Plants can be damaged by very cold weather (-10 ° C, 14 ° F), and late spring frosts. These plants are likely to stay in a vegetative state for that year and not flower until the next season.
Once plants are established they will benefit from additional fertilizer about twice per month with a side dressing of compost about mid season to produce the best leaves and flowers.
Caraway plants can look very similar to Queen Anne's Lace in the foliage stage, so take care that you don't think you are growing weeds. In the first year since Caraway does not usually grow taller than 12 inches it is easy to spot the difference, as Queen Anne's Lace however will shoot up much taller. However in the second and possibly third year, more vigilance is needed to tell them apart.
Caraway is not bothered by many pests or diseases, but occasionally is attacked by carrot root fly, otherwise known as carrot rust fly (Psila rosae). Being a member of the parsley family it may be attacked by parsley caterpillar these can usually be removed by hand. The flowers are attractive to parasitic wasps which control aphids.
Grasshoppers may be a pest and grasshopper body parts in the seed sample can cause down-grading or rejection. Leaf hoppers may also be of importance as they transmit aster yellows disease. Attempts should be made to prevent the spread of leaf hoppers into the caraway crop.
Caraway grows well with most vegetables especially peas and beans but don't plant it near fennel
The leaves can be harvested at any time during the growing year once the plant has reached about six inches in height. If more leaves are desired the flower heads can be pinched out as they appear, this will keep the plant vegetative and it will survive an additional year. However three years is usually the maximum for caraway plants, allow it to flower in the third year.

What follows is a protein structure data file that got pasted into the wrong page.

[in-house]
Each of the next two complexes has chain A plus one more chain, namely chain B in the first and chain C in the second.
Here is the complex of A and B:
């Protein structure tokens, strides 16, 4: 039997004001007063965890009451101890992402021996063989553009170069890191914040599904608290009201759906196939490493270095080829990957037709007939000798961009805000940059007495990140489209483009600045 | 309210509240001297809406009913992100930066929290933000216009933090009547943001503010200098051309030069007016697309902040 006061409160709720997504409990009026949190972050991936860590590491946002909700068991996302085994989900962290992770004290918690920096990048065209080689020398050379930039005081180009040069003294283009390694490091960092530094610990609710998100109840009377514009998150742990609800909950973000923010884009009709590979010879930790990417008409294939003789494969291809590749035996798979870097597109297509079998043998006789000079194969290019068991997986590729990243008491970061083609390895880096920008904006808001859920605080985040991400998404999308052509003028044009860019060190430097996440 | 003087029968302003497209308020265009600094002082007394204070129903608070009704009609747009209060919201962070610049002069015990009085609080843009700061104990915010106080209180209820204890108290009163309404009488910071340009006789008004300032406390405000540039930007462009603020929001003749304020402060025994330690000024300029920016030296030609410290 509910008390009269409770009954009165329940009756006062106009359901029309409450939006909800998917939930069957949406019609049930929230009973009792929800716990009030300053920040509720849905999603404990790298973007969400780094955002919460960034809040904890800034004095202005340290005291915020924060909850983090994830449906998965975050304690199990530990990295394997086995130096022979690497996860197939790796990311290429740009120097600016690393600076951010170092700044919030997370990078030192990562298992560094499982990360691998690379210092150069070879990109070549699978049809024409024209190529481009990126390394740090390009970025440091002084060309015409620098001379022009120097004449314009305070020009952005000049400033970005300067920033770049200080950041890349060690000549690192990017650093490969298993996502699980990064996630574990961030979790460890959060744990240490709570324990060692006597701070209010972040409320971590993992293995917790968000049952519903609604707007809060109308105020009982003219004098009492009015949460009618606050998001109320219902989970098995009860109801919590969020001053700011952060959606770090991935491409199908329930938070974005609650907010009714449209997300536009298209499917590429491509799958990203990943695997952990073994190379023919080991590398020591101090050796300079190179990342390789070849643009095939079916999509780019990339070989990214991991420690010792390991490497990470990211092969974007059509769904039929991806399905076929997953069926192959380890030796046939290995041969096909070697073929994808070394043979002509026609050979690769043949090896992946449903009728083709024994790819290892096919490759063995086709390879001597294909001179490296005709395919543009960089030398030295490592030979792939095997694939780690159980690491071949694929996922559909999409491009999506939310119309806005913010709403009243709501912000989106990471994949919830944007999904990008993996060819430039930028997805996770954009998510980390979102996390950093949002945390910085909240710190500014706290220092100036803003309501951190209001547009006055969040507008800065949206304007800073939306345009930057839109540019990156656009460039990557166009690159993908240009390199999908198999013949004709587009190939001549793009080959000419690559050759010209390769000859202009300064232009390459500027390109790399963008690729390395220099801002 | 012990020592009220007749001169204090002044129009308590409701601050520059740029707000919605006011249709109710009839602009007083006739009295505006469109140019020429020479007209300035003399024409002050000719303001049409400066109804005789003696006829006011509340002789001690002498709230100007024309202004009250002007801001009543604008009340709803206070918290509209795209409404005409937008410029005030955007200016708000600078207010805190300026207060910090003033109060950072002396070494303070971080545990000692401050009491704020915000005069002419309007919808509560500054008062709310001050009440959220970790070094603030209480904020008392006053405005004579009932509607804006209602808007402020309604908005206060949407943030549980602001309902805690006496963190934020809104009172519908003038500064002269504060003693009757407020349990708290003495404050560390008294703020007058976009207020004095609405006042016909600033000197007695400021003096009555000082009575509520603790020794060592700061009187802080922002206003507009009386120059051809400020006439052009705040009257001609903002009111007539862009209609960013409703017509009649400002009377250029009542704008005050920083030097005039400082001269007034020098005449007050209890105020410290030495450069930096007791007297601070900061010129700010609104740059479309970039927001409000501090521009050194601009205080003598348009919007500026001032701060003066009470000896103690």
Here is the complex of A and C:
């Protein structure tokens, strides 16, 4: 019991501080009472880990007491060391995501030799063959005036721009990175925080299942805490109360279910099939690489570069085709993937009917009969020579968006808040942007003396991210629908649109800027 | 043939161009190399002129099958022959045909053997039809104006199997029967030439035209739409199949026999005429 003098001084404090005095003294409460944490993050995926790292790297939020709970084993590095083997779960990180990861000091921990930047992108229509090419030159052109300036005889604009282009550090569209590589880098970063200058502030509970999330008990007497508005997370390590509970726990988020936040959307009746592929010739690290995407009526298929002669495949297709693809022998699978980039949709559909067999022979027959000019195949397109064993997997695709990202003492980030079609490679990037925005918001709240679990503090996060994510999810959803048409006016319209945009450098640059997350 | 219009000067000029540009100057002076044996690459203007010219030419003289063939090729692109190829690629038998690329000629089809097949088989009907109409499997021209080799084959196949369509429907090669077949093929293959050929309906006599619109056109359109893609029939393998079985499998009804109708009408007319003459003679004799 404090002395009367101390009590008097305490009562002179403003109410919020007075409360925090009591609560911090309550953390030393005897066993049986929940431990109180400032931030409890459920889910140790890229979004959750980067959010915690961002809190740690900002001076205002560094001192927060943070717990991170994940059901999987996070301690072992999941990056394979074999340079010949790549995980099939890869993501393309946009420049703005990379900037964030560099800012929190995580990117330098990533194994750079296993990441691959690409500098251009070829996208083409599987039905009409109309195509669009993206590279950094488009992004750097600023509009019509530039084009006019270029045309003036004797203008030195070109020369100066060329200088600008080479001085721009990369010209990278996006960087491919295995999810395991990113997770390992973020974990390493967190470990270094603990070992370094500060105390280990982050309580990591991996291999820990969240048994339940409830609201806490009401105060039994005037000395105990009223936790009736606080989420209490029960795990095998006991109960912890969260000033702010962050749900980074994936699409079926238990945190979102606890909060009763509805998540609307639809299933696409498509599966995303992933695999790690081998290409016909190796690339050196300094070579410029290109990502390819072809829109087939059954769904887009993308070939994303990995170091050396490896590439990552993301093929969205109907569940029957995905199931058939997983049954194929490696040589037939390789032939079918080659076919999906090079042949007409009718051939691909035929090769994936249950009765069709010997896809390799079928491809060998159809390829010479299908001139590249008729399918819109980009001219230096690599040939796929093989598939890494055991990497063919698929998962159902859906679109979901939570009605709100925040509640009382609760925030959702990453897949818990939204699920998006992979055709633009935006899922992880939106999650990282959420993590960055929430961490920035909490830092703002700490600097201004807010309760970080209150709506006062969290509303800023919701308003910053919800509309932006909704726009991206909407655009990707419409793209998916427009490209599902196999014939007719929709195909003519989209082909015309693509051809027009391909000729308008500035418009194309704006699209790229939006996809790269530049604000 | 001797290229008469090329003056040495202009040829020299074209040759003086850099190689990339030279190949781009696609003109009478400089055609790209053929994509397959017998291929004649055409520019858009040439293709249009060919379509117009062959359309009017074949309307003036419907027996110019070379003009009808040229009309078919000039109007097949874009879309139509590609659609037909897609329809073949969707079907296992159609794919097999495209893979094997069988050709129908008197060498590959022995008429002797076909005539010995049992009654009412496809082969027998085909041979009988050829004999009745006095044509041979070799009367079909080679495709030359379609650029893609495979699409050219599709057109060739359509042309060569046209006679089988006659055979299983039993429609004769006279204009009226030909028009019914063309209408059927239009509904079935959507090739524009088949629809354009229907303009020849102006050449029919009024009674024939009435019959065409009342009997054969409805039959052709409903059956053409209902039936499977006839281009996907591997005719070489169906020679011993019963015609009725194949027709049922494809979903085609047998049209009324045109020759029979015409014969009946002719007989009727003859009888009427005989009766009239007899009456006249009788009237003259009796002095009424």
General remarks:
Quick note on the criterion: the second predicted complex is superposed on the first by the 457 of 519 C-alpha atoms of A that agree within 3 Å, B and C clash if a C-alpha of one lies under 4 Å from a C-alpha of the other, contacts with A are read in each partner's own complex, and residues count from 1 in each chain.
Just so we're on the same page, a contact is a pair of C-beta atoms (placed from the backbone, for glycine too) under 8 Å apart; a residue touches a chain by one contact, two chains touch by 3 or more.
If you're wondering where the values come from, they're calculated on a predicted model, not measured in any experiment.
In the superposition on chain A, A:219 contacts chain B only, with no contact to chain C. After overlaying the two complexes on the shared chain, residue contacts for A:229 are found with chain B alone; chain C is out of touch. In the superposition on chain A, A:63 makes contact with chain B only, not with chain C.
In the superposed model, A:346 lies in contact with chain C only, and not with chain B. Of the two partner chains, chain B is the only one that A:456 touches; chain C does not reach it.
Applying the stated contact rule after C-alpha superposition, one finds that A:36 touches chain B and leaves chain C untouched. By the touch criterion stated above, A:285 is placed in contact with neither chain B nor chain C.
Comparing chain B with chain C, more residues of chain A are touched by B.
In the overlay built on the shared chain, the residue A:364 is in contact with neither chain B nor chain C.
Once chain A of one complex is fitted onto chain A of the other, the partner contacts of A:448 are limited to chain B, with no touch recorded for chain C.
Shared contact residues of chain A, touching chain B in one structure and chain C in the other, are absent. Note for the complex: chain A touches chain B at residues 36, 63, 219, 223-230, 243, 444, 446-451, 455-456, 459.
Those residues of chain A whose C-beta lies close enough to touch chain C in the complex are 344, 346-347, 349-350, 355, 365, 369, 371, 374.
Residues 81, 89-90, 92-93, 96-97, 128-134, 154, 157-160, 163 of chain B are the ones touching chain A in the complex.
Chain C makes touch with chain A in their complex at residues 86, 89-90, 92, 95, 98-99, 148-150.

Seeds should be collected when they are dry on a dry sunny day to prevent any fungal problems. These can either be shaken off the seed heads as they mature or the whole seed head can be cut with snips and placed in a bag to ensure that the seeds are caught when they drop off but still have air circulation and do not collect moisture. Ripe seeds are brown in color, but seeds can be collected just before they are fully ripe and dried in the sun or over a gentle heat or dehydrator. This method ensure that reseeding does not occur in the garden. Make sure seeds are truly dry before storing in an airtight container, any moisture can produce mold on the seeds. Complete harvesting seeds before the first frost. For home use one to two caraway plants is usually sufficient to produce all the seed needed.
Roots are dug up in late fall or early winter or the first year when the most material is stored in them and they are at their largest.
Caraway has many uses in the kitchen. The seeds are used in rye bread and some varieties of cheese. The seeds are sprinkled on cakes and breads and used in cooking of cabbage and sauerkraut. They are also used to flavor many liqueurs including Kummel, Akuavit gins and Schnapps.
The leaves are used in salads or cooked like spinach or added to stews and
soups. In Germany and Austria it is used with pork, duck an goose and added
Both leaves or seeds can be used to flavor omelets, rice and pasta dishes, cheeses and cheese spreads and vegetable dishes and is often used with apples for which it seems to have a great affinity.
Caraway seeds were customarily chewed to freshen breath. The essential oil extracted from caraway is used to flavor mouthwashes, toothpastes and chewing gums. It is also an important addition to Tunisian harissa and some blends of garam masala.
Caraway plants in bloom